On the surface, the pivot-point of Kansas State’s school-record fifth straight NCAA Tournament was a 48-hour swing in early February. The sagging Wildcats changed the trajectory of their season with wins over No. 15 Texas and No. 7 Kansas in overtime.
Freshman Marcus Foster scored 34 points against Texas and 20 in the uncommon K-State win over KU, and it’s easy to suppose that’s when he truly became himself which is to say one of the best freshmen in the game.
“That showed us we can be in the tournament,” he said Thursday, “and we could do great things here in the tournament.”
But if those games represented the result, his coming of age hinged on a piercing failure a few weeks earlier at Allen Fieldhouse.
In an 86-60 thrashing by the Jayhawks, Foster absorbed a lesson that transformed his season. And it still has direct implications on his approach to the Wildcats’ game against Kentucky on Friday night at the Scottrade Center.
As evidently humble and understated as he might be, Foster entered that first game consumed with the idea that it was his platform to demonstrate what he could do against the ballyhooed Andrew Wiggins.
Even as Foster warmed up, he realizes in hindsight, he found himself heedless of teammates and essentially thinking, “I’m going to do it by myself.”
“I really wanted to win the game and to show up Andrew Wiggins ” he said, smiling and later adding, “Didn’t work out the best for me
“He’s the No. 1 draft pick, potential No. 1 draft pick. I wanted to prove myself and say I’m just as good as him. And it didn’t work out for me.”
Not in the moment, anyway.
Swarmed by Kansas and Wiggins, a flustered Forster made three of 12 field goals as Wiggins scored 22 points.
If it wasn’t a shattering experience for Foster, it was a sobering one.
In high school in Wichita Falls, Texas, after all, he couldn’t overdo anything.
“I had no conscience; I shot practically half-court shots every possession just because I could,” he said. “And even if I missed, I’d run and get the rebound and put it back up.”
Now, he had to get back up himself.
So by early the next morning, he was in an otherwise empty Bramlage Coliseum.
Alone in a gym, he said, he “can be free and think.” The time was therapeutic and consoling.
But he wasn’t using it to deflect what had happened but to reflect on it. Pure and simple, he had been selfish.
It was different in high school, when whatever contortion he went into to get off a shot generally still was the team’s best option.
Now he was embarrassed he’d let that happen.
“I just learned,” he said, “I never wanted to do that to my teammates again.”
So that became a guiding principle of the rest of his season, and maybe this different dimension to his game was best summarized by K-State coach Bruce Weber.
“I joke with him all the time I don’t know if he had an assist in high school, and one game this year (at Baylor) he had 10 in one game,” Weber said. “So he learned that when people lock in on him, he’s got to make the next pass, the next play.”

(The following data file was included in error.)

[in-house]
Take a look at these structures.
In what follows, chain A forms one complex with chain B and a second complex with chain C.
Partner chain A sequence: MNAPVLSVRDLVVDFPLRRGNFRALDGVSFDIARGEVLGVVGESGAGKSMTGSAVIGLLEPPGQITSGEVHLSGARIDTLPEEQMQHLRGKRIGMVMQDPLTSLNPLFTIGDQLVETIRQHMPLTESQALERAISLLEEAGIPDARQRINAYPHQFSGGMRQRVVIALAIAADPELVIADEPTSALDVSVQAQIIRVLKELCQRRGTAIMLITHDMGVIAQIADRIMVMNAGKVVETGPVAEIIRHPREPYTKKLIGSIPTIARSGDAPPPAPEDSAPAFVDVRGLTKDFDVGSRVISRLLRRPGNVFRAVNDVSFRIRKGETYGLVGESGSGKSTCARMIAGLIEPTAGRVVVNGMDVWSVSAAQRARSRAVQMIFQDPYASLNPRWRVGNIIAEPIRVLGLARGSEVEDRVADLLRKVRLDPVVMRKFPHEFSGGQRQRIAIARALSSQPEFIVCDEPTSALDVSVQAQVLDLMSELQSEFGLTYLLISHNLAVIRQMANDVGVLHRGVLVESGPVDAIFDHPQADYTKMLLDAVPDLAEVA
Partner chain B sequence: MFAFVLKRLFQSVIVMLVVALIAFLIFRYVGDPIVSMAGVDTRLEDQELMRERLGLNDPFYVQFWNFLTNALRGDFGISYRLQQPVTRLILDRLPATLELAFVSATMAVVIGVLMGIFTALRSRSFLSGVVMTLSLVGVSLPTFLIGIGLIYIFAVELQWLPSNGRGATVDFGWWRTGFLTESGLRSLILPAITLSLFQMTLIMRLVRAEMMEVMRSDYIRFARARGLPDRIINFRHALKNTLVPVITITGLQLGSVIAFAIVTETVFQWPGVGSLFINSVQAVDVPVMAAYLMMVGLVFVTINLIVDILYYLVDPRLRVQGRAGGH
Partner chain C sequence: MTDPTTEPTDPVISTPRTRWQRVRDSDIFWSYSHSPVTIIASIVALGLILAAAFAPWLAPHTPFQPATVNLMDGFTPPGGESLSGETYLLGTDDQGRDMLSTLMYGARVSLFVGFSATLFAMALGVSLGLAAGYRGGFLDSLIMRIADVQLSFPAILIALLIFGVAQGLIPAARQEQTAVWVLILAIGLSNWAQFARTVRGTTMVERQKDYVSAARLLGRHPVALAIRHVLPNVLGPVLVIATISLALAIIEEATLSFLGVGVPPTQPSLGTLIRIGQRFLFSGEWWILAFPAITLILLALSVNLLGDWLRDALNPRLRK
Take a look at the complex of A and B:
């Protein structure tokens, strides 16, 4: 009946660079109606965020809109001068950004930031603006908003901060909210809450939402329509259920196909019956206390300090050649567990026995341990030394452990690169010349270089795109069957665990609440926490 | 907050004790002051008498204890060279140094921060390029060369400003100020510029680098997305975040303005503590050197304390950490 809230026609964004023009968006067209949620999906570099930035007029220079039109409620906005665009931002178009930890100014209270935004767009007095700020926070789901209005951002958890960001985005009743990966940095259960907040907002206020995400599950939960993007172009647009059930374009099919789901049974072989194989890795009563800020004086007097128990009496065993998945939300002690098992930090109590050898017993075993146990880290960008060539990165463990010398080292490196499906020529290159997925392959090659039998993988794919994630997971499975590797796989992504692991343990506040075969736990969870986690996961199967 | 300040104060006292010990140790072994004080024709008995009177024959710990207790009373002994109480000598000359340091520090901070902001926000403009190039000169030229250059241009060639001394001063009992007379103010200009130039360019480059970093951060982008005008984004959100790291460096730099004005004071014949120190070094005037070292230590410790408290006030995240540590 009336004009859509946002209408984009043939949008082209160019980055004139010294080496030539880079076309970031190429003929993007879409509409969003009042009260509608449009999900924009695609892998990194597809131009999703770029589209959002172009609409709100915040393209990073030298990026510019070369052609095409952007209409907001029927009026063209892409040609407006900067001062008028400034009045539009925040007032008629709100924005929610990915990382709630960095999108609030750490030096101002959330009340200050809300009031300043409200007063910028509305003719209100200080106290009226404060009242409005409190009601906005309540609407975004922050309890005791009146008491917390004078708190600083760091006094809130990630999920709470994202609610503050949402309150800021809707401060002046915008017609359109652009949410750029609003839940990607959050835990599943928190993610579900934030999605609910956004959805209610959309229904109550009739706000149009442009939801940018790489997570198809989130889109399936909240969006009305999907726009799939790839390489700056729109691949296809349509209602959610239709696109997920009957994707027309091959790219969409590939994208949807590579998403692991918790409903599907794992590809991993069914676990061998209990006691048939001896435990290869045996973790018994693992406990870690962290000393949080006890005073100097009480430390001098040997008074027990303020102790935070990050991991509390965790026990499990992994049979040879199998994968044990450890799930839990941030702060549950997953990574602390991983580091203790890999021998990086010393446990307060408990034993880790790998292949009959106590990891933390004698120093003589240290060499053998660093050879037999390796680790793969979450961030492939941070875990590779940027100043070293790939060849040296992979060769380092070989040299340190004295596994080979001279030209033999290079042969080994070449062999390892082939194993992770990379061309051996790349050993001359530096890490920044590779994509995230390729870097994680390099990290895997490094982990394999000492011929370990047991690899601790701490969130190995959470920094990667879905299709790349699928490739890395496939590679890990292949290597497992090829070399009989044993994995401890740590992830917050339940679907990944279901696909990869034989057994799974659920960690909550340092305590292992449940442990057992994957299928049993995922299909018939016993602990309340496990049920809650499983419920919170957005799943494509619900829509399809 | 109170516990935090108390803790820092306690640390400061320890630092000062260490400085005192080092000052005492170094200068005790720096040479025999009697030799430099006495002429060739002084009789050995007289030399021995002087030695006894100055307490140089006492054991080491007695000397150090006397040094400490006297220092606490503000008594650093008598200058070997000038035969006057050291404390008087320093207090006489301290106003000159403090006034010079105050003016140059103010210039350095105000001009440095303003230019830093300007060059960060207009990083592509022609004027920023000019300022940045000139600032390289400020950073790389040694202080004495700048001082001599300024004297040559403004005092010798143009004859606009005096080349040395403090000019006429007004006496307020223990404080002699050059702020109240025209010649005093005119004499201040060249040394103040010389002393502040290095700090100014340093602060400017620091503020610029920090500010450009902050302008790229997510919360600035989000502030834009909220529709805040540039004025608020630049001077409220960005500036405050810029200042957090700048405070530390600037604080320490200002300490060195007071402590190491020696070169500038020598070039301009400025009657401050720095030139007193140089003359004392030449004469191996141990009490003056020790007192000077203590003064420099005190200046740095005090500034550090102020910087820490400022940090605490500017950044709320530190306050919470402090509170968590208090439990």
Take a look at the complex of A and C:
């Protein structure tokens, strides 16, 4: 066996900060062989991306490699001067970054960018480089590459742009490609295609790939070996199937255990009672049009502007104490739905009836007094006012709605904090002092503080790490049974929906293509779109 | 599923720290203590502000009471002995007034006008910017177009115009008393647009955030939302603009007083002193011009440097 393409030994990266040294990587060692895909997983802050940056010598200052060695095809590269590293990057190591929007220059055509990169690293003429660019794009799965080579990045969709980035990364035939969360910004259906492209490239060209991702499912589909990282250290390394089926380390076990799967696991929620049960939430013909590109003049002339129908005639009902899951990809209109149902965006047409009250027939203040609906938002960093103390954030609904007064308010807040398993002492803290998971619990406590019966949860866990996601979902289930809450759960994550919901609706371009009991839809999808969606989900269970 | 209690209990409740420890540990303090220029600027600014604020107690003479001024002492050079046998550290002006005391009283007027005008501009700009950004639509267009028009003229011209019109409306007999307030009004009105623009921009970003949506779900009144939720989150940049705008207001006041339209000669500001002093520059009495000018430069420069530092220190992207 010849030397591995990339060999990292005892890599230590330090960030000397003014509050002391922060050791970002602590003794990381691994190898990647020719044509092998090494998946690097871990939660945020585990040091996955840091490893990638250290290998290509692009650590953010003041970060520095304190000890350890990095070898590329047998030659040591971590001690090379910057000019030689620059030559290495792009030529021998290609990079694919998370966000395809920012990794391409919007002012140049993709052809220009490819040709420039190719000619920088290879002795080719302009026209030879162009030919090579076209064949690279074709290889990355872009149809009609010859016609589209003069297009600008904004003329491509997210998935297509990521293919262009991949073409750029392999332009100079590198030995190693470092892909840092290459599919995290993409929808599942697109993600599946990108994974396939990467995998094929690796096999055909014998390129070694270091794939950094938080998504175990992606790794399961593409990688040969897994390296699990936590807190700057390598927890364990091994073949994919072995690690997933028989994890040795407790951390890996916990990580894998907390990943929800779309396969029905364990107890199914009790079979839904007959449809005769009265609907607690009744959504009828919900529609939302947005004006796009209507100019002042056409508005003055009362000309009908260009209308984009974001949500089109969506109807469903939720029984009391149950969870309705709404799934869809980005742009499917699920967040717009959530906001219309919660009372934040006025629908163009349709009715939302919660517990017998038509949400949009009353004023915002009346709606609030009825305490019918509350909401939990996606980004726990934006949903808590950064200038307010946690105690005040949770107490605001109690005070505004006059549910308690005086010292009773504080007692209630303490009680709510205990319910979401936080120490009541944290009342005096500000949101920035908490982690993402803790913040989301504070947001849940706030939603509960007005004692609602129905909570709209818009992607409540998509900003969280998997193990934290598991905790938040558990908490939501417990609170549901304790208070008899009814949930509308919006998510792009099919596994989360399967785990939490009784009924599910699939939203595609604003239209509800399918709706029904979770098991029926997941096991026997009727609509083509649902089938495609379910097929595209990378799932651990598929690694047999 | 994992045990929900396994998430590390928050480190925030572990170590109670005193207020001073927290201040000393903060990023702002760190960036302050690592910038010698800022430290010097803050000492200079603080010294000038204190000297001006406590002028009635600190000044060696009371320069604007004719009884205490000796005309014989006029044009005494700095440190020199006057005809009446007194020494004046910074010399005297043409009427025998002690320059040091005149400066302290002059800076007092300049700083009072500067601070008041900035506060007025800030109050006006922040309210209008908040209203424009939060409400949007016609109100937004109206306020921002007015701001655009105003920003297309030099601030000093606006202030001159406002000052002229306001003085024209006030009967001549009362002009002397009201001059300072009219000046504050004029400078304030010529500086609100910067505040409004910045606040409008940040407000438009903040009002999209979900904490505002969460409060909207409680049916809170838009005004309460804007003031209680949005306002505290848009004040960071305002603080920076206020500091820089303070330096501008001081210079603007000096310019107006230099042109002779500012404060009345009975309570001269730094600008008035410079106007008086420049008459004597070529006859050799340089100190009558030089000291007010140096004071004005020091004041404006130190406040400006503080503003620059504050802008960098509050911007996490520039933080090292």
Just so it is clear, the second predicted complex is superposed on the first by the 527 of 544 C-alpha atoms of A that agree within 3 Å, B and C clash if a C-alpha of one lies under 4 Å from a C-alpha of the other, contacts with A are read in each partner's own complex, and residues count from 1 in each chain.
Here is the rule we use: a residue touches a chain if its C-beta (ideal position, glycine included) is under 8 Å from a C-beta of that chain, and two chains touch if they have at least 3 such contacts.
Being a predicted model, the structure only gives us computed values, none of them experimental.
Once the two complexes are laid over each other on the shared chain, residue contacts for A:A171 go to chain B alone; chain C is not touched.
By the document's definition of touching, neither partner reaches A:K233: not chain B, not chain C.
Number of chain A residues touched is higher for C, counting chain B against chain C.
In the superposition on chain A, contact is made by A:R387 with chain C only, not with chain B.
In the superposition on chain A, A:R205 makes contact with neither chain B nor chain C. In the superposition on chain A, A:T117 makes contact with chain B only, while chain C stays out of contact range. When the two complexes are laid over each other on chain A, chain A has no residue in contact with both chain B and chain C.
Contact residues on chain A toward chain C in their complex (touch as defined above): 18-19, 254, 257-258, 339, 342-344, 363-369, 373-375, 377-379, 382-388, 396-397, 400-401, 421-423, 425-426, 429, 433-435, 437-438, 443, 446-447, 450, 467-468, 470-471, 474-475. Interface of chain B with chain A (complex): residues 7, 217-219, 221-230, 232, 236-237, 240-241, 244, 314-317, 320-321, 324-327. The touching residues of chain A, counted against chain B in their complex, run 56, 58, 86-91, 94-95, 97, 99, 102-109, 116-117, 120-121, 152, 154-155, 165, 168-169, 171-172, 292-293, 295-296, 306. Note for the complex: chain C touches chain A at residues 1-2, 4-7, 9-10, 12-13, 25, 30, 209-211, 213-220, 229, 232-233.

Which takes us to Foster’s approach to tonight’s game against Kentucky and its own freshman sensations.
“To me, all the freshmen over there are better than me. And they’re already pros right now,” he said. “I still have a lot to learn.”
Now, there may be some element of rope-a-dope in this.
Over the course of about 30 minutes in the K-State locker room on Thursday, Foster alternately said Kentucky is “an intimidating team” “definitely dangerous” and perhaps “a little scary.”
After the cameras and crowd cleared, though, he conceded, “I don’t think people think we’re going to win or be able to compete with them, but they’re going to find out tomorrow night.”
And when it comes down to it, he might be hard-pressed not to want to prove himself on the stat line.
But Foster’s learned that the most impressive stats he can mount will be wins.
If he fails to have a big game today, here’s believing it won’t be because he was selfish.
In fact, he seems to see the moment as about a lot more than himself even if much about him suggests he’s a key to K-State’s fate here and its future at a time when young players matter more than ever.
“A lot of people talk about how they want to be one and done, two and done,” Foster said. “So I think college basketball is definitely changing to a younger game.”
His rapid rise, albeit after an under-the-radar high school career, has been part of a recasting of Weber’s recruiting ability.
“Coming in, I’ve seen tweets that ‘he can’t recruit,’ (and) ‘this freshman class isn’t going to be that good,’” Foster said. “And we proved to everybody that maybe he can recruit; he brought in five good guys who can really play.”
It makes for an intriguing subplot to the game against Kentucky, which has become built on five-star recruits and the one-and-done consequences that come with it.
“I think some of our guys were ‘no stars,’” Weber said, smiling.
But even now, a team game can trump a star-studded lineup.
“We can’t be individuals,” Weber said.
Foster already learned that in his most painful but most valuable lesson of the season.